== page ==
What image is summoned up when the name Chevrolet is mentioned? American muscle cars? Cheap but cheerful city runarounds? Nothing at all?
The chances are that, unless you are a motoring aficionado, you have little knowledge of the brand – and, even if you are aware of the ‘golden bow-tie’, you are likely to greet its models with indifference.
That could be about to change. Chevrolet, under the global leadership of General Motors, is poised for a major sortie into the fleet market on the back of a comprehensive product offensive that will see it enter some of the biggest fleet car segments.
This year it is looking to double its corporate sales volumes to 9,000-plus for a 1% share of fleet.
Eventually, as its retail-to-fleet split migrates from 70:30 to 60:40 and new models are launched to fill gaps in the range, that share could rise as high as 3%, maybe even more.
Chevrolet is reluctant to speculate directly on its UK aspirations, although across Europe it is looking to raise market share from 3% to 5%, worth a million sales. The UK is its third biggest market (behind Germany
The catalyst for Chevrolet’s regeneration was ignited at the start of 2010 when the GMUK Fleet operation, which had four years earlier merged together the teams from Vauxhall, Chevrolet and Saab into a central hub, started to unravel.
Saab was sold to Spyker, while Vauxhall and Chevrolet finally concluded that they were drawing no value from presenting a dual-branded offering to fleets. As both companies now readily concede, the advantages of operating as separate organisations – not least the simplicity – far outweigh any notional benefit of the joint approach.
Chevrolet UK managing director Mark Terry, appointed in December 2008, began rebuilding the fleet operation. Keith Jones was duly appointed as national fleet sales manager and he began assembling his team.
Terry’s next move was to get Chevrolet’s own house in order and that meant withdrawing from the low profit, residuals-damaging short-cycle business that had become commonplace under GMUK Fleet.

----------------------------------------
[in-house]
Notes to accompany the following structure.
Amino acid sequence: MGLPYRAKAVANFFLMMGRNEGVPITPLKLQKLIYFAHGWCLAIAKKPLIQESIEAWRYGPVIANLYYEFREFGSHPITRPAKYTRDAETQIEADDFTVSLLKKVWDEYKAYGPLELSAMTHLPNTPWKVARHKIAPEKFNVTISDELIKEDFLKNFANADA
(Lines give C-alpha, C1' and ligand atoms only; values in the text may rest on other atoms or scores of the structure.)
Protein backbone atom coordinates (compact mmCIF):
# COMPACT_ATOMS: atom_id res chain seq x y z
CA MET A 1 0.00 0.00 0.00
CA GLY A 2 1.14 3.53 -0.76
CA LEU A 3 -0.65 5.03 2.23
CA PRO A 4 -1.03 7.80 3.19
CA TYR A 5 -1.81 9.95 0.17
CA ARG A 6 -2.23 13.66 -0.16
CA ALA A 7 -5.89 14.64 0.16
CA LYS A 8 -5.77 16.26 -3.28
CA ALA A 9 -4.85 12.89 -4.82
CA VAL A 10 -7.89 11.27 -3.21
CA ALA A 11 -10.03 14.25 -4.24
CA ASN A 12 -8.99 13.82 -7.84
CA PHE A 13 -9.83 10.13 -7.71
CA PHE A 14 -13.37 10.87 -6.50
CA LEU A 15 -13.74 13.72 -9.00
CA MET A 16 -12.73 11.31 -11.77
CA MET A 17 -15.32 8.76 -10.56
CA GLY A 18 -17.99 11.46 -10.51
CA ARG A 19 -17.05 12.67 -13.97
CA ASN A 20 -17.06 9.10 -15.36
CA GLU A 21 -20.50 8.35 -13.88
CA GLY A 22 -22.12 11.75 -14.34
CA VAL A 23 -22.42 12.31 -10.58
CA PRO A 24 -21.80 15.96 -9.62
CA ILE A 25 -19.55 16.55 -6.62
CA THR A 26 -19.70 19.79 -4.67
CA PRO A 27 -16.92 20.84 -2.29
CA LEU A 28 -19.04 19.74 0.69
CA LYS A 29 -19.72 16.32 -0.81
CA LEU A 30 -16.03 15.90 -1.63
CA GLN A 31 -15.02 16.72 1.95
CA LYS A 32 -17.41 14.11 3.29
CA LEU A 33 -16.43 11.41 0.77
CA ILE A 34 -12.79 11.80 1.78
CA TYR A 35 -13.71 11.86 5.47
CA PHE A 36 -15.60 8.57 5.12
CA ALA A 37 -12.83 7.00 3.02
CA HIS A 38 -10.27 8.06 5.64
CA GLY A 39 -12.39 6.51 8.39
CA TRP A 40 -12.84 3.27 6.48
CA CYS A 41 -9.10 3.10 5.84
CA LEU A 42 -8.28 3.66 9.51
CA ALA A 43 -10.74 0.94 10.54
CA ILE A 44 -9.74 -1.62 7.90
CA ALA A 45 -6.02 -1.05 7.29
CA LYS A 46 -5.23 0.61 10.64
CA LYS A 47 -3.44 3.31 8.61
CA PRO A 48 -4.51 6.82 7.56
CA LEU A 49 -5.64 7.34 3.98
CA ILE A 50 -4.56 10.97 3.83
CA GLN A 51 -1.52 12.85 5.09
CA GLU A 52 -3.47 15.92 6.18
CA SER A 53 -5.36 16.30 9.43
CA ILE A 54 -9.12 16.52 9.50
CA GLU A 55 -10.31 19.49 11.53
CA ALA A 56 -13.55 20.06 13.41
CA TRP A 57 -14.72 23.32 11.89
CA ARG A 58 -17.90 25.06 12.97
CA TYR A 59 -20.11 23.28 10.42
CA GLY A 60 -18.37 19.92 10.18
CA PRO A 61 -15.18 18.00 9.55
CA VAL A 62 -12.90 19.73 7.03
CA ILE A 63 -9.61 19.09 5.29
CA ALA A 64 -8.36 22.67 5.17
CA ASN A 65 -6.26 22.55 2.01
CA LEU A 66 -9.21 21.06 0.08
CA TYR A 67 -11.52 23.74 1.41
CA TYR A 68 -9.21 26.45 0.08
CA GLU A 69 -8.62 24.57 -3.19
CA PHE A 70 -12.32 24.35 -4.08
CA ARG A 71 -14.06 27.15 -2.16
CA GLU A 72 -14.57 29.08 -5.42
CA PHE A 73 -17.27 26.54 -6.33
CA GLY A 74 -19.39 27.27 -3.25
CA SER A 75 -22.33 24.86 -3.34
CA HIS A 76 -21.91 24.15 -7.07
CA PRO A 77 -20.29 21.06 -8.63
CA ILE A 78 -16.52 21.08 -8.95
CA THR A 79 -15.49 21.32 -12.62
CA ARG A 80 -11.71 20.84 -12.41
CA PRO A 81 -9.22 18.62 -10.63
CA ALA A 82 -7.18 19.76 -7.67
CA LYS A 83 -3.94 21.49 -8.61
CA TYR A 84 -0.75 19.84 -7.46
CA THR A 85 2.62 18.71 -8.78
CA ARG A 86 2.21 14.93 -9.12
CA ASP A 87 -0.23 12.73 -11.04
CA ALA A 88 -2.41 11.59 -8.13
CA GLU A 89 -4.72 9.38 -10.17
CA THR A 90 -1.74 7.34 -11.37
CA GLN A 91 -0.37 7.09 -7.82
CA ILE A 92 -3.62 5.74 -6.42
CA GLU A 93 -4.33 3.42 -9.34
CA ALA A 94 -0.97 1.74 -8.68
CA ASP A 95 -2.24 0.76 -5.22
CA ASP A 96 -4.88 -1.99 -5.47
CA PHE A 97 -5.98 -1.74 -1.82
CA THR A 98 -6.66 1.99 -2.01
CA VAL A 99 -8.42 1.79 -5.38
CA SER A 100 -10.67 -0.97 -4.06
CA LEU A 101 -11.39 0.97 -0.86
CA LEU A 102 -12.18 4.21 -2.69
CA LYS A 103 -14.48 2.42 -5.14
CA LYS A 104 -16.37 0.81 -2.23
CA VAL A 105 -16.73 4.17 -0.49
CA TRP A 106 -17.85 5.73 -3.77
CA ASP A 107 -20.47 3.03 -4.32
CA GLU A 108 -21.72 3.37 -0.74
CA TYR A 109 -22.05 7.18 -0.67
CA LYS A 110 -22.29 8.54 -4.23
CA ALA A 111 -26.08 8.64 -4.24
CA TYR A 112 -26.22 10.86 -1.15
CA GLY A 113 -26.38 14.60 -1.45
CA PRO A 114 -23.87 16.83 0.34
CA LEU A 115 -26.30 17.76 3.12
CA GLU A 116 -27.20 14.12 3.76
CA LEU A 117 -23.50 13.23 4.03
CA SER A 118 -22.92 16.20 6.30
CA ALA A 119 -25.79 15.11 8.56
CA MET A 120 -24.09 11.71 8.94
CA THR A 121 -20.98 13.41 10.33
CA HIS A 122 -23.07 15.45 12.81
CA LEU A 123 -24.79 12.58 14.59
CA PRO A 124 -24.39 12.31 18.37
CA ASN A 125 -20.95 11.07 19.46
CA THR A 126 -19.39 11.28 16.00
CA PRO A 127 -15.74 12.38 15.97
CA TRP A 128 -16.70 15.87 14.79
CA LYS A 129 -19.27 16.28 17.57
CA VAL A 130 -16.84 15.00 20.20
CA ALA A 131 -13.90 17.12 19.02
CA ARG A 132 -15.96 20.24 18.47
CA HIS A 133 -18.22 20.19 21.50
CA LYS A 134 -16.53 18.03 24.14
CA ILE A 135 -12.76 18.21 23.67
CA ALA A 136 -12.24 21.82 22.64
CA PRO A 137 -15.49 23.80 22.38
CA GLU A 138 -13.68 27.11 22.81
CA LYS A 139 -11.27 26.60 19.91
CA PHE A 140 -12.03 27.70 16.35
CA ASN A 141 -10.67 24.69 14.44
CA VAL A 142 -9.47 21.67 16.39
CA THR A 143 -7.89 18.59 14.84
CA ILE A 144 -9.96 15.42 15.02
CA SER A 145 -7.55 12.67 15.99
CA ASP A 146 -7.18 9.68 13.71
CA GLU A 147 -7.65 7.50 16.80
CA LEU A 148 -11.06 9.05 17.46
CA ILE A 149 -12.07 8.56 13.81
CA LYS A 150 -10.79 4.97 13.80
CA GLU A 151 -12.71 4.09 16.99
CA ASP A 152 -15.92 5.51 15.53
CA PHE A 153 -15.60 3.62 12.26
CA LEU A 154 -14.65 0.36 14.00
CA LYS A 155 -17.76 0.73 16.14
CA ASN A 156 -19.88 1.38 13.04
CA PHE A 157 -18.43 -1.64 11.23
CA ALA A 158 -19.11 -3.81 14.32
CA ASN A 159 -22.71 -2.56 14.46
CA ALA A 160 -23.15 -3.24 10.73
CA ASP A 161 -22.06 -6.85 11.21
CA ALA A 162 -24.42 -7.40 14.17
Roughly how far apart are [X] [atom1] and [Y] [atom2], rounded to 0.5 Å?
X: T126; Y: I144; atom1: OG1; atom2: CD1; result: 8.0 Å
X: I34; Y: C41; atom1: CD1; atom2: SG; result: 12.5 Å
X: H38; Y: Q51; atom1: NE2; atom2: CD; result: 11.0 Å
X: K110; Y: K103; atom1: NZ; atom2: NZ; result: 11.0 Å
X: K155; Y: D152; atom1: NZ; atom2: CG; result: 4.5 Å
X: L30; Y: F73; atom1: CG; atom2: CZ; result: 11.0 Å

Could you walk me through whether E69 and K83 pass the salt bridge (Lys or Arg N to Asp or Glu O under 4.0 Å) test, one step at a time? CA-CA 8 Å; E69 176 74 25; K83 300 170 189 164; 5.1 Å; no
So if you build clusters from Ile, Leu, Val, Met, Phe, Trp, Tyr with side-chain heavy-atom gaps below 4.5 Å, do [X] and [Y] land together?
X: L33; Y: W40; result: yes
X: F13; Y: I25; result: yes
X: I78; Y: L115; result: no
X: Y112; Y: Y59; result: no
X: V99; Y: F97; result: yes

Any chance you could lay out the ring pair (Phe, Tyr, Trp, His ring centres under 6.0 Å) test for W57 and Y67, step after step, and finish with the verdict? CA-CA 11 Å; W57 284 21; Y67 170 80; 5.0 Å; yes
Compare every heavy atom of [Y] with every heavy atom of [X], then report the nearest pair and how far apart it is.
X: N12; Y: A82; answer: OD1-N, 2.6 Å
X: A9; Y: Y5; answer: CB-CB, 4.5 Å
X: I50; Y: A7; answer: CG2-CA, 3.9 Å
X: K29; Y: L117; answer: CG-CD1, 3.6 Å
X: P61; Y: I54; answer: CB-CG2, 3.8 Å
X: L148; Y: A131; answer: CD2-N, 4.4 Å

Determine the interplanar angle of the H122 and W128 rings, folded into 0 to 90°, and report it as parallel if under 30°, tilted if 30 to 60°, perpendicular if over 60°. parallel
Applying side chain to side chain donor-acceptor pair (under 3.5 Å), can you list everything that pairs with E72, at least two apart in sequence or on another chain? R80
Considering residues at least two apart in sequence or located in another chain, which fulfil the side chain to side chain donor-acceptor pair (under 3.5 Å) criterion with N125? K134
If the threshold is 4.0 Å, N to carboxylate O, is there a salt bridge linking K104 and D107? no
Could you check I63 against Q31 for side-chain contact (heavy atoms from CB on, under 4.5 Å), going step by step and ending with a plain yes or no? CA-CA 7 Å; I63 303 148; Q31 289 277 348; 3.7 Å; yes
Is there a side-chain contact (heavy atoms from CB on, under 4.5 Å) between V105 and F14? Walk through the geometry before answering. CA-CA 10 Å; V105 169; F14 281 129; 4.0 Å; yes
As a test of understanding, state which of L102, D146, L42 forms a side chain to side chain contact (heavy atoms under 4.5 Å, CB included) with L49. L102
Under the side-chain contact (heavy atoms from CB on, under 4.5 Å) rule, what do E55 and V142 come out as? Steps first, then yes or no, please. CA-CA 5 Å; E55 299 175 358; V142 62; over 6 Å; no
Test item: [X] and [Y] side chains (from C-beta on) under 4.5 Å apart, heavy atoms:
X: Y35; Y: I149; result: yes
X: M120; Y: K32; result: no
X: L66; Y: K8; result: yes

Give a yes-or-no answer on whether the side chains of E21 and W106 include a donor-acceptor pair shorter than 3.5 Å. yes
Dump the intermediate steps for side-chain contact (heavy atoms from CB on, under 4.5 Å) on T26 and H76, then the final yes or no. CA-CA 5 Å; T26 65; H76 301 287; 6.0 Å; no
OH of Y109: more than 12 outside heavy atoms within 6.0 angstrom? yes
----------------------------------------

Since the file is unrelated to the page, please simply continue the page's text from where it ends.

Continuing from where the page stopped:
He calls it a “brand building exercise”, although it resulted in Chevrolet’s total fleet volume dropping by 46% last year to 4,357 – a 0.45% share of the sector.
“We’ve now established a Chevrolet fleet team of our own and we are ready to serve the fleet market in the right way,” Terry tells Fleet News at the media launch of the revised Captiva sports utility vehicle.
“Our real fleet strategy is starting to take off.”
His confidence stems partly from Chevrolet’s strong relationship with Motability where demand for models like the Spark city car and new Orlando people carrier are helping to reinvigorate sales.
Terry describes it as “unprecedented”, and with justification – Motability sales in January were up year-on-year by 200%. He anticipates selling 2,500 this year.
New models like the Captiva and the Cruze five-door hatchback, due in time for the September plate-change, will further underpin Chevrolet’s fleet sales growth, in particular leasing via its own contract hire operation.
“We need the five-door Cruze to really offer fleets a credible vehicle,” says Terry. “It will see us into the core corporate and leasing sector. The Captiva will also be good in contract hire, but the Cruze is key.”
Each new vehicle launch takes Chevrolet into a new segment, offering the opportunity for organic growth. By the end of this year its model line up with serve two-thirds of the market, according to Terry.
Maximising the opportunity these new models provide requires enthusiasm and dedication, he adds.
“Our fleet team is engaging customers and understanding their needs. We are enthusiastic about what we do and that rubs off.
“We are also able to adapt to fleets’ needs because we are a small and flexible company. We are not encumbered with systems and history so we can adapt. The message to fleets is ‘come and talk to us’.”
This approach has seen measures implemented to tackle service, maintenance and repair bills via a new service plan and maintenance schedule.
Both are being introduced alongside new models, with the heightened self-confidence offered by their more reliable Euro 5-compliant engines.
“For fleets, SMR is an irritant which takes their vehicles off the road. This initiative says we are looking to reduce those intervals by which vehicles have to come to us for things like oil changes,” says Terry.